New York surprised the nation by passing a liberal abortion law.  State Senator Albert Lewis later revealed why he had voted for the bill.  Recently he Had been in the emergency room and watched a sixteen year-old daughter of a constituent die from a botched illegal abortion.  While she was delirious and dying in her mother’s arms the police were badgering her to give up the name of the abortionist.  Senator Lewis chased the police from the room so she could die in peace.[6]


Jane Roe was a pseudonym to protect the privacy of Norma McCorvey.  Norma met two young attorneys, Linda Coffee and Sarah Weddington, at an Italian restaurant.  They told Norma it was unlikely that her case would be heard in time for her abortion, so she gave up the child for adoption, but agreed to allow them to argue her case.  Weddington sympathized, while attending law school she and her boyfriend had driven to Mexico for a secret abortion.[7]

Norma was not exactly a paradigm of virtue.  She was already six months pregnant; she could not work so she drank and smoked dope.  She had already given up two prior children for adoption.  She was dead broke and did not feel any attachment to the thing growing inside of her.  After giving birth she drank and became more depressed, swallowing dozens of pills to end it all.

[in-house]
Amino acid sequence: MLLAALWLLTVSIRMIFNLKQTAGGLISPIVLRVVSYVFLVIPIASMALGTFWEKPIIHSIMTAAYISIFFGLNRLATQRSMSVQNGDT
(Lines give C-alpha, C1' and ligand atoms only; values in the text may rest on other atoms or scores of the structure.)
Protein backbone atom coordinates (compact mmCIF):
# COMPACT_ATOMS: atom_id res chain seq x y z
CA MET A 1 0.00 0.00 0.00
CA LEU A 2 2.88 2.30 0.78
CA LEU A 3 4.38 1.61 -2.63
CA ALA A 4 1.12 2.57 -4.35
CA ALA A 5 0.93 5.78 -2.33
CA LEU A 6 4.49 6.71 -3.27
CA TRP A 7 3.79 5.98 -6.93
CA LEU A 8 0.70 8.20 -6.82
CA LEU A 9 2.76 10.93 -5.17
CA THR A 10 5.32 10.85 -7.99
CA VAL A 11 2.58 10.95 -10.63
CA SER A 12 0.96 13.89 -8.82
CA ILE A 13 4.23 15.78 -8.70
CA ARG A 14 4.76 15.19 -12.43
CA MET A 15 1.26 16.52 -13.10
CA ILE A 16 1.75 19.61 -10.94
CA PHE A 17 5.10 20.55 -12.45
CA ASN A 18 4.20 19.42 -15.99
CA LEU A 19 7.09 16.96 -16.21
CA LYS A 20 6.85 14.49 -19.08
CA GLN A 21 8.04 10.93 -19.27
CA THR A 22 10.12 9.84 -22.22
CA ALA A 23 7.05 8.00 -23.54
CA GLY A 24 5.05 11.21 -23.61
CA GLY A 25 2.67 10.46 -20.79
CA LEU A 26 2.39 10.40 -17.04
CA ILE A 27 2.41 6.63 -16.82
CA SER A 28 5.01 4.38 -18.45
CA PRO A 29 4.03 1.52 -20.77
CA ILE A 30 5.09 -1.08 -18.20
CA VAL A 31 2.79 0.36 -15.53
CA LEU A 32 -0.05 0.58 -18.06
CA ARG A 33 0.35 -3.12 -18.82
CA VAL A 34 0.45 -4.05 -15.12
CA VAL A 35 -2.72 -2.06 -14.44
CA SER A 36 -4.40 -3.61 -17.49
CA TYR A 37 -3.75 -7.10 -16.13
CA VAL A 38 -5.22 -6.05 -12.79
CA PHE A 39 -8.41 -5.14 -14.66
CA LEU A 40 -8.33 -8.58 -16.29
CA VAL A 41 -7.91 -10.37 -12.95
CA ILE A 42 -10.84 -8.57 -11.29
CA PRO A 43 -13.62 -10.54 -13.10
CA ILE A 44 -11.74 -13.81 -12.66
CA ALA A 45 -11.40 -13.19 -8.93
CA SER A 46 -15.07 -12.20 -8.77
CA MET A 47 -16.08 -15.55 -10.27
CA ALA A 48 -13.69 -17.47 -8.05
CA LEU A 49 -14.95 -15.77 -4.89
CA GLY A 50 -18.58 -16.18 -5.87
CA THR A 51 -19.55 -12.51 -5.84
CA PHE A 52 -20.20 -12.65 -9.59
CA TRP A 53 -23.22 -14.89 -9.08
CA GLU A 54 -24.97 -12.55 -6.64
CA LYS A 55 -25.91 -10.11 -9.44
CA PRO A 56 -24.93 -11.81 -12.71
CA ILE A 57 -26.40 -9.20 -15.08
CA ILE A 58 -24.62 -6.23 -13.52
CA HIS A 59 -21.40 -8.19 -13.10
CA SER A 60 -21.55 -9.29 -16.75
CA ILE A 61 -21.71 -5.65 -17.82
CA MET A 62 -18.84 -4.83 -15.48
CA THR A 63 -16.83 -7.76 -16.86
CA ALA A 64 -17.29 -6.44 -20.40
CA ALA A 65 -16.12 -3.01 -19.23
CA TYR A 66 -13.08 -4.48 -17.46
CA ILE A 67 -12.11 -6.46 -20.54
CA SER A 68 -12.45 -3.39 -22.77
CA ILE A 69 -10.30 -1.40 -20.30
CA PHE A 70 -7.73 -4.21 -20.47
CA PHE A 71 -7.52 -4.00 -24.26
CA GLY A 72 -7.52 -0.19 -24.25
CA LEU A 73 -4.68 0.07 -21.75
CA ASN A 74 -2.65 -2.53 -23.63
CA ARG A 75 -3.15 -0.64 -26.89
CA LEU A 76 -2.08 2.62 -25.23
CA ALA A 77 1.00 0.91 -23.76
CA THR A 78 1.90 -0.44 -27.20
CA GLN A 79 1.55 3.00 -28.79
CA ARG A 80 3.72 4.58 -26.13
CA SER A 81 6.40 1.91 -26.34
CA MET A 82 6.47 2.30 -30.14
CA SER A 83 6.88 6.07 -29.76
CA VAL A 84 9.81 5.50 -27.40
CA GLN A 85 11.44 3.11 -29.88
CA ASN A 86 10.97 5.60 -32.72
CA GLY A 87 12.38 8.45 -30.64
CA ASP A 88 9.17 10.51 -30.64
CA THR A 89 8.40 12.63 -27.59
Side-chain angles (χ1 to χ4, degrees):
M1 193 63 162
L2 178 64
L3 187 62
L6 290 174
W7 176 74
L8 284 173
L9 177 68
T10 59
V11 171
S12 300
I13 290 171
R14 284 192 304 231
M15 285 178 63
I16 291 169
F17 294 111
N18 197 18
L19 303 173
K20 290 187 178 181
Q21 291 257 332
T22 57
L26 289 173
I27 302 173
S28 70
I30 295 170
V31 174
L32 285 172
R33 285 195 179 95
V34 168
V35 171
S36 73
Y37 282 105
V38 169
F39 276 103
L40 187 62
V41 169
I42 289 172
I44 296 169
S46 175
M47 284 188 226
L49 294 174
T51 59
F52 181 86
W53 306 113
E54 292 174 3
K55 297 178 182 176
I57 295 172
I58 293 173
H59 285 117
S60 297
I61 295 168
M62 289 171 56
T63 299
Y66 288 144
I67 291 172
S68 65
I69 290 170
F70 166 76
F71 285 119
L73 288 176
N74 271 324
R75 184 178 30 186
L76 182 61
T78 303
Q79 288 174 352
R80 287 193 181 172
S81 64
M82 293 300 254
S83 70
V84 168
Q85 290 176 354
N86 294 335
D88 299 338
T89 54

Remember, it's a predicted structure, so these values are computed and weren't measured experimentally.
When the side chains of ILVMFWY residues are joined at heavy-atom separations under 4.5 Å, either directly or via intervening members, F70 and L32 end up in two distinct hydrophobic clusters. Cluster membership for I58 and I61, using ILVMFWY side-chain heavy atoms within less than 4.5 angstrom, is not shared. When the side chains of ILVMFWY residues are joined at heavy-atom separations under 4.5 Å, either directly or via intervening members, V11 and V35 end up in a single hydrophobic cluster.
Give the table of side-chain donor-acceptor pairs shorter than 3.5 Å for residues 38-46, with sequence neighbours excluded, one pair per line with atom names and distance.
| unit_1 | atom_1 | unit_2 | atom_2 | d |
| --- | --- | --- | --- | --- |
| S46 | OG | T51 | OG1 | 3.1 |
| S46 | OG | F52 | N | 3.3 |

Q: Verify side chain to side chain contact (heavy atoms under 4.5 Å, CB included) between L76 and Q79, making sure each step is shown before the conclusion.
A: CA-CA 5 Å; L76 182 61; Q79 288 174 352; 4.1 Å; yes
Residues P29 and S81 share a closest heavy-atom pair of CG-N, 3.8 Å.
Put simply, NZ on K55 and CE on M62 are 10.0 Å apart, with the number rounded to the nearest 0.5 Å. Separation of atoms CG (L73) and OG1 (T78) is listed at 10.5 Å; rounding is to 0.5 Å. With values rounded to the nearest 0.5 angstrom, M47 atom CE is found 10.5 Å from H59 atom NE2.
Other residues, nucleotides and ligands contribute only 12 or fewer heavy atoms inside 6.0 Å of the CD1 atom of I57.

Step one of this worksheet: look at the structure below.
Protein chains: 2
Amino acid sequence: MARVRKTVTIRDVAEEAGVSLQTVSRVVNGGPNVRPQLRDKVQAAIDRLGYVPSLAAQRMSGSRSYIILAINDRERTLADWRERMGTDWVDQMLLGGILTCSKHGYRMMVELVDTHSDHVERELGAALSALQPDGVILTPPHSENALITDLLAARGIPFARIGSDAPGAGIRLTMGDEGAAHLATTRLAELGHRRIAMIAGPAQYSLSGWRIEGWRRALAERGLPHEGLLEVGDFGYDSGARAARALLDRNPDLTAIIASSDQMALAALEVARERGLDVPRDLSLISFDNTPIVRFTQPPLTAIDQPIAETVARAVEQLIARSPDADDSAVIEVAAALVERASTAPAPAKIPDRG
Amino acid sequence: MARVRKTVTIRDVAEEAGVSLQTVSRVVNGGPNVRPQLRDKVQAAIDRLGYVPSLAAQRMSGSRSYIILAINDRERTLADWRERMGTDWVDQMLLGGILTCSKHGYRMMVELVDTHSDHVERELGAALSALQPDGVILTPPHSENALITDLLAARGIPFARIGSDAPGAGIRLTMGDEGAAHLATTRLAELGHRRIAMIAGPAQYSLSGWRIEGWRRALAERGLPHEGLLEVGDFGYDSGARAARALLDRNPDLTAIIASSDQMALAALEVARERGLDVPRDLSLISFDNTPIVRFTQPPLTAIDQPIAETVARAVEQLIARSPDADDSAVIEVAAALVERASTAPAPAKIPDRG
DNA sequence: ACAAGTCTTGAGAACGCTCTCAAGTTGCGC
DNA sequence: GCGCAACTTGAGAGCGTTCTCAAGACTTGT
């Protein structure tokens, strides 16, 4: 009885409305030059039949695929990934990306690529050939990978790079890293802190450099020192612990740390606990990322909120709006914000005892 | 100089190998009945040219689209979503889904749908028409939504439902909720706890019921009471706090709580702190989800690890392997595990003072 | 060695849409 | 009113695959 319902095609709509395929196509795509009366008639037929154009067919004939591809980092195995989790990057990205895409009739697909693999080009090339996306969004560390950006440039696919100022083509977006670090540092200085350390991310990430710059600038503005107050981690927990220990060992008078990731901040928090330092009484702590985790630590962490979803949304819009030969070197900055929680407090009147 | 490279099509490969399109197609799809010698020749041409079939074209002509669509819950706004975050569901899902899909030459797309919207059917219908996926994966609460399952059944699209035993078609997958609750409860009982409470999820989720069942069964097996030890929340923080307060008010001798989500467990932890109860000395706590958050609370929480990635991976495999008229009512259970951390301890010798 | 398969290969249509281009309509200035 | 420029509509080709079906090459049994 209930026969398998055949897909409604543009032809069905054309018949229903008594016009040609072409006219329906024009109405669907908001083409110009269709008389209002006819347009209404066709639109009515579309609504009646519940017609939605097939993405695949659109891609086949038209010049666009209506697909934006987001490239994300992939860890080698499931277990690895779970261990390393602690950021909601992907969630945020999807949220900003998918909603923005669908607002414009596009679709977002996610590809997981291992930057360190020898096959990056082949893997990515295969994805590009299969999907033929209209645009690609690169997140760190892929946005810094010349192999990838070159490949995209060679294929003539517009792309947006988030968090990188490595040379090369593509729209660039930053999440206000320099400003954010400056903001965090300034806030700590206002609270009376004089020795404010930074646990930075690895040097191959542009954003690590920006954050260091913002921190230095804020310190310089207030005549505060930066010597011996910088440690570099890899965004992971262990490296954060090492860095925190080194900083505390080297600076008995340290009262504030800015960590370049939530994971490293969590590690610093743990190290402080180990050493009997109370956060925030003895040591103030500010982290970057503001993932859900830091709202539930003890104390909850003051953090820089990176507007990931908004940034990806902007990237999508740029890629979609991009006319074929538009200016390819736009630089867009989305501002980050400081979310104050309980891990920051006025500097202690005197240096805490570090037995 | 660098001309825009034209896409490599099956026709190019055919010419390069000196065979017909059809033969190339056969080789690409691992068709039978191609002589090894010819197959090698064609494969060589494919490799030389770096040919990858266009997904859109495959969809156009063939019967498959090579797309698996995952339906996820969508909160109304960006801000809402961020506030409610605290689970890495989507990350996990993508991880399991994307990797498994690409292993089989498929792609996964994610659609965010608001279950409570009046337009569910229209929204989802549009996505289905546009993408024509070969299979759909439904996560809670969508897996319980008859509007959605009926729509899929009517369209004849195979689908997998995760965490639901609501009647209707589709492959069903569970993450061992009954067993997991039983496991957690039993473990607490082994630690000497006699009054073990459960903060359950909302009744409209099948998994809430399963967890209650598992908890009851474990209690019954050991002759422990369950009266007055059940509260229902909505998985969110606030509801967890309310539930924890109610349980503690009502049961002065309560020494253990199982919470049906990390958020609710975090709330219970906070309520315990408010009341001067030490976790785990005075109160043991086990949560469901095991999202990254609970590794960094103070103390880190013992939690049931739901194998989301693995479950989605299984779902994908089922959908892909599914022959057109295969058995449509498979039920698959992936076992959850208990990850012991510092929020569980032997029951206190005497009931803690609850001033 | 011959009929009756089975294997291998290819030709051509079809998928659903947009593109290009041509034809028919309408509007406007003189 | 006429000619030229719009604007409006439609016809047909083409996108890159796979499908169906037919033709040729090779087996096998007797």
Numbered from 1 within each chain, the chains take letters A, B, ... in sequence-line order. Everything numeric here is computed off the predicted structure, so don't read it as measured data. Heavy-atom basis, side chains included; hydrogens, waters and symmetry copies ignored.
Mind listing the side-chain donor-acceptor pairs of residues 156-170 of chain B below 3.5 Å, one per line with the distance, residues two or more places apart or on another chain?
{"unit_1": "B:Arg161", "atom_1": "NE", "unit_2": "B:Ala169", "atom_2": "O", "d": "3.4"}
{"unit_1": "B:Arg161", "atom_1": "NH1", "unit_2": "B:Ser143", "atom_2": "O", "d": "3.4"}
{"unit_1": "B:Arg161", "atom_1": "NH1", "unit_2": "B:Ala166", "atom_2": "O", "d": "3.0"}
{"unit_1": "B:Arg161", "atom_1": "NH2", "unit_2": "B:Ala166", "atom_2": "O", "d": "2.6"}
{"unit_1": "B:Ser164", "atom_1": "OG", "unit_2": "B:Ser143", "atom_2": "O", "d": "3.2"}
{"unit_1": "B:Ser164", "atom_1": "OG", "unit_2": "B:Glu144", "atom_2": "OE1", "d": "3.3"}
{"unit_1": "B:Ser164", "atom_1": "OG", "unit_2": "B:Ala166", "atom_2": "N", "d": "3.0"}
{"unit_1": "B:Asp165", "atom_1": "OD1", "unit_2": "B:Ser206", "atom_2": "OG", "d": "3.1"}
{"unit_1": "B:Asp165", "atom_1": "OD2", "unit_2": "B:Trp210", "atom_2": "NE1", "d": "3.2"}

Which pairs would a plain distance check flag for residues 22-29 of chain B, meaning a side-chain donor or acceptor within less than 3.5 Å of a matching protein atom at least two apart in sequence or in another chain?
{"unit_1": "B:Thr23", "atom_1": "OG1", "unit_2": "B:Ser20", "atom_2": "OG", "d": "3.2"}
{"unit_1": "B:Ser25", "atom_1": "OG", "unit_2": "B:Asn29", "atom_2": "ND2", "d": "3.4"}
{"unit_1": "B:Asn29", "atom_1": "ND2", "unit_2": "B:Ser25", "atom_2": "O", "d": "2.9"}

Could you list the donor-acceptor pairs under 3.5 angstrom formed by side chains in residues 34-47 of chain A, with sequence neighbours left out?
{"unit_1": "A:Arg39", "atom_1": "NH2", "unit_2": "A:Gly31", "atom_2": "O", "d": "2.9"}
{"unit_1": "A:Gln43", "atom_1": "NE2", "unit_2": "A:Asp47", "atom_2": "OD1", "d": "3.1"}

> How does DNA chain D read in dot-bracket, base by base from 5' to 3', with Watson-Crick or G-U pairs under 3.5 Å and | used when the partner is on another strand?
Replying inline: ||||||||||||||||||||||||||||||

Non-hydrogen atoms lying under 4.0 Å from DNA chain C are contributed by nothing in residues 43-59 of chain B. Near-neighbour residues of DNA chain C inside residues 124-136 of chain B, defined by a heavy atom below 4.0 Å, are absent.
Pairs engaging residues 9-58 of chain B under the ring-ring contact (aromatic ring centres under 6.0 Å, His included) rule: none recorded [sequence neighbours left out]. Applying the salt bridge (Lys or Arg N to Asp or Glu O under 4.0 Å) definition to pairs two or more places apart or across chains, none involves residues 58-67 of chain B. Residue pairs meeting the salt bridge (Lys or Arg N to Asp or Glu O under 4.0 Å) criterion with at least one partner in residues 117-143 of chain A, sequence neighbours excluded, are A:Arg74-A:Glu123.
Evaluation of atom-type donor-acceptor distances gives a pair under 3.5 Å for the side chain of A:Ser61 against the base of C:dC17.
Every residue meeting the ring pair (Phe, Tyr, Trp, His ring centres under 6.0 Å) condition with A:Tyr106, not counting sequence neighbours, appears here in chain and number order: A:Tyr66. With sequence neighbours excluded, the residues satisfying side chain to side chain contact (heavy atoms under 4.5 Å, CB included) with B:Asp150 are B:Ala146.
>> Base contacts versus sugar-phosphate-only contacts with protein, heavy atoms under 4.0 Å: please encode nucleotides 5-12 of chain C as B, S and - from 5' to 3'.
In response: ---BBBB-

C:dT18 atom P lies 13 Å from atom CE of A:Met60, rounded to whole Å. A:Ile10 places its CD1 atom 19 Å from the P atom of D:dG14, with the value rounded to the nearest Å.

Years later Norma was saved and became an ardent pro-life anti-abortion activist, later converting to Catholicism, and received many honorarium speaking fees while she traveled the country as a pro-life activist.[8]  Shortly before her death she recanted, claiming her conversion was an act, that she was paid for her activism.[9]  What we can learn from this is Norma was just an ordinary person with little education trying to keep her head above water who may have been overwhelmed by the notoriety swirling around her.